Shippers left high & dry
due to policy changes on agri-exports
A group of dry bulker owners are
in two minds on whether the additional focus on shipments of agricultural
commodities would reap the desired dividends, especially at a time when iron ore
exports are in a sorry state and coal imports at a low ebb in the wake of the
depreciating value of the rupee against the dollar.
Although India is one of the
largest producers of food and non-food farm products, the flip-flop in
government policies has been a cause for concern for the trade since the
industry thrives on certainties.
It may be recalled that the
government's call for a ban on cotton exports a few months ago had evoked strong
protests from farmers, which snowballed into a massive agitation. This prompted
the government to revoke the ban due to fears of electoral losses.
The trade was ill at ease due to
the ban owing to apprehensions that it would result in loss of business, as
exports to China, the largest buyer of the Indian cotton, would become
The cotton industry feared that a
prolonged ban would force China to look for alternate supply sources, which in
turn would have a ripple effect on Indian cotton by pushing prices of the
While the ban would have
frustrated all efforts to create a stable capacity in the medium term, its
revocation saw China continuing its purchase of Indian cotton.
However, shippers are keeping
their fingers crossed as they are still unsure about the stability of government
The government also lifted the
four-year ban on wheat exports in July last year, after countries like Russia,
Australia and Canada began foraying into India's traditional wheat market.
On the sugar front, the
government's move to allow exports in excess of three million tonnes, as agreed
earlier, by eliminating quantitative curbs failed to cheer shippers.
While experts agree that the
flagging rupee against the dollar has rendered Indian sugar cheap in the global
market, they contend that this apparent decline in prices need not necessarily
lead to a quantum jump in exports due to several factors.
Firstly, they point out that
pushing sugar in the current global market may not be easy, given that there was
a glut, with excess output estimated at more than 9 million tonnes as compared
to the earlier projection of 8 million tonnes or so.They pointed that the easing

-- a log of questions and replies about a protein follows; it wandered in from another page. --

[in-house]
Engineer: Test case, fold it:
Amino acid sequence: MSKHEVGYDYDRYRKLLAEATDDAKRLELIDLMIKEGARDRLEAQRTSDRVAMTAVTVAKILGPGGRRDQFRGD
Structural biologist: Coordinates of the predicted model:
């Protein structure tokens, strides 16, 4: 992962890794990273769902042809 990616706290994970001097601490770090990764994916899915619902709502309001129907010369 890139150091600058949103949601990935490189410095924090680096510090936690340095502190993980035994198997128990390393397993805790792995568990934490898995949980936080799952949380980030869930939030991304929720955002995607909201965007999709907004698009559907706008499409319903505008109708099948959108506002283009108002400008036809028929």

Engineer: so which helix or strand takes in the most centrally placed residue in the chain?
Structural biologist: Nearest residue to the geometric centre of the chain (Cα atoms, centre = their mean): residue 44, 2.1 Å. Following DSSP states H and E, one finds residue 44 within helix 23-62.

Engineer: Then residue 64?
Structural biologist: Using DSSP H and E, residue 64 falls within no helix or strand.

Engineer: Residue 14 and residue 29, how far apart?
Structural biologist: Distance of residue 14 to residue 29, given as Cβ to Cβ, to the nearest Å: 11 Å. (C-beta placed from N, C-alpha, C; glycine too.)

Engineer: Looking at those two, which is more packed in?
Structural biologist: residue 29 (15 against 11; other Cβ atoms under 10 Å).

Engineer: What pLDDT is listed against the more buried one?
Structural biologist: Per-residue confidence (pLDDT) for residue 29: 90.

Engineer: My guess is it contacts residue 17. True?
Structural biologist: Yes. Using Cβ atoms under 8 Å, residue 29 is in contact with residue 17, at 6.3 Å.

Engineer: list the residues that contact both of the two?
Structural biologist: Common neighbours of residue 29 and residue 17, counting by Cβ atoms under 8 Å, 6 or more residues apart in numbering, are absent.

was just a temporary phase and the same could be brought back in case domestic
supplies were threatened.
Following a series of flip-flops
and delays, they said the government's recent hints that curbs could be
reimposed once exports touched a certain level have kept markets on edge.
The government did the same on
wheat and rice exports late last year, eliminating curbs but tacitly indicating
a limit if the situation so warranted.
Stating that the industry would
like to see India as a reliable supplier of agri-commodities in the global
market, shippers stressed that this would require stability in government
policies and predictability, which they today consider is a tall expectation.
Some shippers believe that the
current uncertainties with regard to exports of wheat, sugar and cotton can be
partially eliminated if India, with a frail rupee, enters into bilateral trade
pacts with countries in West Asia, Africa and SAARC. They feel that such pacts
will guarantee assured shipments and therefore business to trading firms.
Contending that shipment of agri-commodities is
not just about availability of shipping space or freight, experts point out that
there are many other critical factors such as mode of transport, port
facilities, connectivity, service contracts, contract negotiation, health
hazards, safety issues, labour, congestion and the global scenario. To cite an
example, they say that the high cost of procurement and transport to ports often
renders the free-on-board price of India's agri-exports uncompetitive in the
Source : Exim
News Service - NEW DELHI, June 26